F: PRNP mutations associated with less specific phenotypes

Missense

Codon

Amino acid change

Phenotype

Reference

171

Asparagine to serine(cis valine at codon 129)

Familial neuro- psychiatric illness (psychotic depression, violent behaviour, some also have dementia; others only psychiatric problems).

Samaia 1997

183

Threonine to alanine

Presenile dementia in Brazilian family; fronto-temporal emphasis duration 2-9 years; parkinsonism commonly seen;

Nitrini 1997

183

Threonine to alanine

Familial Alzheimer’s disease; 4 year duration (with dementia)

Nitsch 1998

 

Inserts

6 octapeptide

repeat (144 bp) insert

Variable including CJD, GSS, "Alzheimer’s", atypical dementia, "Huntington’s", etc.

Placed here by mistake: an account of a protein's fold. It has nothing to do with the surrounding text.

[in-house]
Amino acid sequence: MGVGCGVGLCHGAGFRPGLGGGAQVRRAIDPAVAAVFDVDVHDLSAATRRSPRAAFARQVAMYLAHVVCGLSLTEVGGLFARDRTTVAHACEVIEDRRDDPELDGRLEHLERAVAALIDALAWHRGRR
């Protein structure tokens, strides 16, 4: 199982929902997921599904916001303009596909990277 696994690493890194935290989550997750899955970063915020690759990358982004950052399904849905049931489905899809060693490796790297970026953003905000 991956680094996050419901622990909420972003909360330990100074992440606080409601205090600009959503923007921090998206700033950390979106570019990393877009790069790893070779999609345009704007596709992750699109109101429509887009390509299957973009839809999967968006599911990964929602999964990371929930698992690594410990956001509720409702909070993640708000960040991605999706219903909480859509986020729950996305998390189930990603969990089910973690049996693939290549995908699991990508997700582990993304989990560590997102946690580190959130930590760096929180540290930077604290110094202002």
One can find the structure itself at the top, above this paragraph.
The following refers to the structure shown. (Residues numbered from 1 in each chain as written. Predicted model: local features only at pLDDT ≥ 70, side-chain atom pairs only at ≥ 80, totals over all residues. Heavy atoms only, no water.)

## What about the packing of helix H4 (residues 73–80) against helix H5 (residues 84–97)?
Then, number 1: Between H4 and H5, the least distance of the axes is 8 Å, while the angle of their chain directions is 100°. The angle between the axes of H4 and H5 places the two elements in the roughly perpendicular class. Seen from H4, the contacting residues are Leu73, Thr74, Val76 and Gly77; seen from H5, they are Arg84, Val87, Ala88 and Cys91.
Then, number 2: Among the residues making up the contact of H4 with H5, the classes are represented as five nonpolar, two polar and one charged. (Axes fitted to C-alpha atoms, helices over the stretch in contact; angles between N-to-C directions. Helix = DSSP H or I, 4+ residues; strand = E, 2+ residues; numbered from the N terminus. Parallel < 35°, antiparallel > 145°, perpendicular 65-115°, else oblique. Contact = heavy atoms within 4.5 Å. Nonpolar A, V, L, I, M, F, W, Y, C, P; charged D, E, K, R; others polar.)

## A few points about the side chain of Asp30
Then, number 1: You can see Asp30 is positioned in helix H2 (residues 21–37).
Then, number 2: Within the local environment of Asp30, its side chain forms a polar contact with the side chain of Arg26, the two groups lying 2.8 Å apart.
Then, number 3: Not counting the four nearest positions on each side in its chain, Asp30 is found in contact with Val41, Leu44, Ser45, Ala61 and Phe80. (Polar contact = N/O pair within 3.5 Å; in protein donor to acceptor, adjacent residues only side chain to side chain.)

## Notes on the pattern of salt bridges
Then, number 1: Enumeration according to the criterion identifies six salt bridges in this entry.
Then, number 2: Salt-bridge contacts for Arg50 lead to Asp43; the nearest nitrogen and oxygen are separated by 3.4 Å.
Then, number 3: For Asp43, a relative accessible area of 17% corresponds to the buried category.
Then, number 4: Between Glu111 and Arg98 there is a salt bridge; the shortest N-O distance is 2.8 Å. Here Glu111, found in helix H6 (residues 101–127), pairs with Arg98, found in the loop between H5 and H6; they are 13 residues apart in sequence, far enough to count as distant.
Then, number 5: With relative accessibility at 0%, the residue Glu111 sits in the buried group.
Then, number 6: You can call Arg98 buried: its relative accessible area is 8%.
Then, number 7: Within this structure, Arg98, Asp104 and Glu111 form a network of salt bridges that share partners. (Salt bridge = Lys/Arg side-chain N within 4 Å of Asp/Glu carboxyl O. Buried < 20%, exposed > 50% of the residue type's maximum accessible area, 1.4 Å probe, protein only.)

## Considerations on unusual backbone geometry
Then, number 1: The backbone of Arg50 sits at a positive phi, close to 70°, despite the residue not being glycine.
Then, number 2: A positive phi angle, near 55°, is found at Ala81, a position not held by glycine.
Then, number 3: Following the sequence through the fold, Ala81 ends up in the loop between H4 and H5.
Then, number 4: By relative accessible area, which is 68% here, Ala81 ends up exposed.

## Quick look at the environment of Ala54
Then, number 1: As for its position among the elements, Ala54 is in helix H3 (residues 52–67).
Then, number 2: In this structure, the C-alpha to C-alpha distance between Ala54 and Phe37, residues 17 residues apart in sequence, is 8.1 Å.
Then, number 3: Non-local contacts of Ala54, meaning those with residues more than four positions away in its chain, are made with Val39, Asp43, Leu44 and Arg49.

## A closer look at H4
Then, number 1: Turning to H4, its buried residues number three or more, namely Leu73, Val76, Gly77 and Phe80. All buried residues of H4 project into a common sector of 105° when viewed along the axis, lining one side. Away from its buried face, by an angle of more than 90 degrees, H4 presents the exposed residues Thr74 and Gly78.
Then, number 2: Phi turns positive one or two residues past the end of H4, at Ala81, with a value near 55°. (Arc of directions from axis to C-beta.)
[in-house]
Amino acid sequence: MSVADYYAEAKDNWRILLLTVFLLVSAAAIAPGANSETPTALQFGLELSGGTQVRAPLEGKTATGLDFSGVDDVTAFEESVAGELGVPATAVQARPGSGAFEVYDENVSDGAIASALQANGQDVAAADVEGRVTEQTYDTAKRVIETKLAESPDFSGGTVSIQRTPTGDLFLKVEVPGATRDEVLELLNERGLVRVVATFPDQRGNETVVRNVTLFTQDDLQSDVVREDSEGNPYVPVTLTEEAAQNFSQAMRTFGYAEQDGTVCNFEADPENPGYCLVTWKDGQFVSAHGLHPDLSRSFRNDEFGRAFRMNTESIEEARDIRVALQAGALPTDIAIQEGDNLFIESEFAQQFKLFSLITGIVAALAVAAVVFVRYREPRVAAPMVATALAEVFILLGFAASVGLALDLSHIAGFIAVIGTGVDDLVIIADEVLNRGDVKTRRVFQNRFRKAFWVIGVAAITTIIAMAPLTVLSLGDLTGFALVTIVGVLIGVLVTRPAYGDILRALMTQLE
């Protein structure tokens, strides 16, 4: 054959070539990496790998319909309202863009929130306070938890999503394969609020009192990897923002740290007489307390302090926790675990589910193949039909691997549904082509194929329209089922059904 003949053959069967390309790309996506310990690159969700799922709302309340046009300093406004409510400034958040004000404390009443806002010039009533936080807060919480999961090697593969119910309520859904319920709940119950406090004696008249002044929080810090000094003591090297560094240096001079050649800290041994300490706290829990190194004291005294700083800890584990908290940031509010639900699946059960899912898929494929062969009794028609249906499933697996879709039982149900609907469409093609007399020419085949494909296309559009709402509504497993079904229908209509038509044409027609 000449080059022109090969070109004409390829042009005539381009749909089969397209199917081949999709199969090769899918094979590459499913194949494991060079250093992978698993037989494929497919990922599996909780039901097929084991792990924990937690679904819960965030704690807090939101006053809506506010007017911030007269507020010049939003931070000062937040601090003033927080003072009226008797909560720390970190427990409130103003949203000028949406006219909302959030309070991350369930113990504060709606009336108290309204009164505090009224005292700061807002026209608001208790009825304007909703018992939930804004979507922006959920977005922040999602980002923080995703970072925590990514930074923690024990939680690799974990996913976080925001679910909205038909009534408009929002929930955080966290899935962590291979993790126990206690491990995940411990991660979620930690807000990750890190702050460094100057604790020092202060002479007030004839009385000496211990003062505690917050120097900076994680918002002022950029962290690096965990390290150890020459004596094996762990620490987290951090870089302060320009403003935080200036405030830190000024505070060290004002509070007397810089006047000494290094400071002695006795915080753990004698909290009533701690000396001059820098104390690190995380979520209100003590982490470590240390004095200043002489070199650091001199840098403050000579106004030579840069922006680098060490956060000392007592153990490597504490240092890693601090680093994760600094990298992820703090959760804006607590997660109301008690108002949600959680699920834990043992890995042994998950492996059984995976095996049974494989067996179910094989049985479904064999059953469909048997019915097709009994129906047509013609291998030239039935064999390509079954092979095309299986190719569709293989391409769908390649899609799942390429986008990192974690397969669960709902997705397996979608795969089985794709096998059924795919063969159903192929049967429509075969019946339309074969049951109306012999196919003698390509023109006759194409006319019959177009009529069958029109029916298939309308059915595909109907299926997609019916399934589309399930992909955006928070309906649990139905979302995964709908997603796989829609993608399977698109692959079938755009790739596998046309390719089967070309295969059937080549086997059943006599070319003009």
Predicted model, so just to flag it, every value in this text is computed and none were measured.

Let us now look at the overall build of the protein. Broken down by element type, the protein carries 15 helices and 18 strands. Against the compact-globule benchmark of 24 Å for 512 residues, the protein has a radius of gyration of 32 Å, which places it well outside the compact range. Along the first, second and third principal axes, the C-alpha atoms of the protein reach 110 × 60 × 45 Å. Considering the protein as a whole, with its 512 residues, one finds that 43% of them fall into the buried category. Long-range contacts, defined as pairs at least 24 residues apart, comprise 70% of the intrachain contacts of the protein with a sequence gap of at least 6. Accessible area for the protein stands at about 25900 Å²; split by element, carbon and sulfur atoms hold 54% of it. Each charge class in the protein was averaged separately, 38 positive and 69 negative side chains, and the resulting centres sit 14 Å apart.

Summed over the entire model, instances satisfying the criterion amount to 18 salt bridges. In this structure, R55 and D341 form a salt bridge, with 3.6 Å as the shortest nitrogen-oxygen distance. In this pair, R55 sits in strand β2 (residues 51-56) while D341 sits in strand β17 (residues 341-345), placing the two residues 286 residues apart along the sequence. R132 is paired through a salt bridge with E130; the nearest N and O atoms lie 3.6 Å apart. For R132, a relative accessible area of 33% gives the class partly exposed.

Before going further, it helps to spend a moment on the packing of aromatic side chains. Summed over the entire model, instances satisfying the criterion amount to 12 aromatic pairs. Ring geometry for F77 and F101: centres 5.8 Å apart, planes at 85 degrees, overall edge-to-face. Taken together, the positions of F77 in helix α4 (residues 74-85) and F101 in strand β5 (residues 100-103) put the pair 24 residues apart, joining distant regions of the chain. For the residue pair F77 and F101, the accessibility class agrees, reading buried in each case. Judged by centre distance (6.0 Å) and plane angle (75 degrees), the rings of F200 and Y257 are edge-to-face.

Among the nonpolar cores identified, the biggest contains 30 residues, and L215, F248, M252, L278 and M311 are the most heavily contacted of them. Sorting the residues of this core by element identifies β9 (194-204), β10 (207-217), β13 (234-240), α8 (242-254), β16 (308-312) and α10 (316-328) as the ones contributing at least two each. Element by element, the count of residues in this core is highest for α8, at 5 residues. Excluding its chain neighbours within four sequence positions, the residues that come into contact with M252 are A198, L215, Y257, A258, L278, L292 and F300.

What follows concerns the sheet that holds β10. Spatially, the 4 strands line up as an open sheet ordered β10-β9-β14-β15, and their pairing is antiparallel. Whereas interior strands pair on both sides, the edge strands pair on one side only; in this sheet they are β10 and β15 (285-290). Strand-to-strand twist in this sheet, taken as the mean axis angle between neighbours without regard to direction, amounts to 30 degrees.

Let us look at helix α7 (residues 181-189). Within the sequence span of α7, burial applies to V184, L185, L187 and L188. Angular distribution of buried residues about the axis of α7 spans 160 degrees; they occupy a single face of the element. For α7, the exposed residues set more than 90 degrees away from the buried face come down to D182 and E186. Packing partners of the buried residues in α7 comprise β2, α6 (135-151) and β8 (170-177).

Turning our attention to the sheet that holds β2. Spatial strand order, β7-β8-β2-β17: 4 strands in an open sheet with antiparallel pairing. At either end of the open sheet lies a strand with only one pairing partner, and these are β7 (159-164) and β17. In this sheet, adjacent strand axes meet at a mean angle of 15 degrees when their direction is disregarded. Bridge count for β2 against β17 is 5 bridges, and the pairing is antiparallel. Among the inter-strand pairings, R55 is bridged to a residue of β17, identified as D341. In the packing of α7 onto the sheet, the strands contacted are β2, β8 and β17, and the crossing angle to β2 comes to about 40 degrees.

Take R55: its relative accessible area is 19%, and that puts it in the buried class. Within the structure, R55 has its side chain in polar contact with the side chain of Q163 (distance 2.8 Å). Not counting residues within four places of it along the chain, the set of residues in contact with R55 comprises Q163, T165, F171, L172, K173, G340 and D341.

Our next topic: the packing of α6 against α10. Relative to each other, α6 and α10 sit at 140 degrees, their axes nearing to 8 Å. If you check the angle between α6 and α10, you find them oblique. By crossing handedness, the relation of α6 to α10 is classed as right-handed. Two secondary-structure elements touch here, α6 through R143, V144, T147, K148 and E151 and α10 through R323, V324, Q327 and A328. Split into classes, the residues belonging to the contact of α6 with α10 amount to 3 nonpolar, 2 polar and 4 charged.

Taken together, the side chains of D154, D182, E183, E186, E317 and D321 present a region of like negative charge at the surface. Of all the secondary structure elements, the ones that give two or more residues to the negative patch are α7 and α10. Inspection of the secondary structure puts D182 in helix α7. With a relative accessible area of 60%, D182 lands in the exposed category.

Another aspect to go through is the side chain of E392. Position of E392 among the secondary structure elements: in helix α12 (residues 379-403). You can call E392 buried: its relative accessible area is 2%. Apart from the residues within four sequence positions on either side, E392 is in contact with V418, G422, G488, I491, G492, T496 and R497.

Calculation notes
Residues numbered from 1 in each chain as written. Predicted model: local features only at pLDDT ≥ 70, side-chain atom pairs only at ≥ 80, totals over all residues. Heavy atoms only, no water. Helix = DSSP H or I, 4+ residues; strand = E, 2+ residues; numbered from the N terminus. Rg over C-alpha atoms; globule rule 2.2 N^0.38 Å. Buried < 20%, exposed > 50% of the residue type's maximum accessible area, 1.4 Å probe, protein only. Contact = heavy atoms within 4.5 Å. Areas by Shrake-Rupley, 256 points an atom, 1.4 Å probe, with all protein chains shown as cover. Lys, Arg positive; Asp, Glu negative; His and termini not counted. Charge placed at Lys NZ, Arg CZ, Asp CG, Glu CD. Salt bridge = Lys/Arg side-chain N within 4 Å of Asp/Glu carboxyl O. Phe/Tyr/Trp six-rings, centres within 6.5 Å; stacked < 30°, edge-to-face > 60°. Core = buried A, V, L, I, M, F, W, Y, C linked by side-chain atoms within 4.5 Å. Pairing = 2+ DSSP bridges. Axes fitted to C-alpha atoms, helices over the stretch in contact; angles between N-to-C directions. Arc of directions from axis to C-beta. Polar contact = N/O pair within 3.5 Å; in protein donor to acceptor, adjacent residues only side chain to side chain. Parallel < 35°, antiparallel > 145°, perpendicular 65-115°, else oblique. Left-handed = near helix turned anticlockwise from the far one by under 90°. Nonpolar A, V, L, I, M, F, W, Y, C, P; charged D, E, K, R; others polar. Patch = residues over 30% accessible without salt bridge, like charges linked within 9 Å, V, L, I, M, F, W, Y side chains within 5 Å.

Collinge 1992

 9 octapeptide

repeat (216 bp) insert

sporadic dementia; 2.5 year duration; no spongiform change but PrP+ve plaques.

Owen 1991

 

Tentative Mutations awaiting Verification

Codon

Amino acid change

Phenotype

Reference

188*

threonine to arginine

not cited

Windl et al. 1999

238*

proline to serine

not cited

Windl et al. 1999

187*

histidine to arginine

GSS-like

Cervenáková 1999

188*

threonine to lysine

CJD-like

Finckh et al. 2000

160*

glutamine to stop

GSS-like

Finckh et al. 2000

* Patients harboring the mutation not pathologically examined.


References

  1. Palmer M, et al. Homozygous prion protein genotype predisposes to sporadic Creutzfeldt-Jakob disease. Nature 1991; 352: 340-342.

  2. Furukawa H, et al. New variant prion protein in a Japanese family with Gerstmann-Straussler syndrome. Molecular Brain Research 1995; 30: 385-388.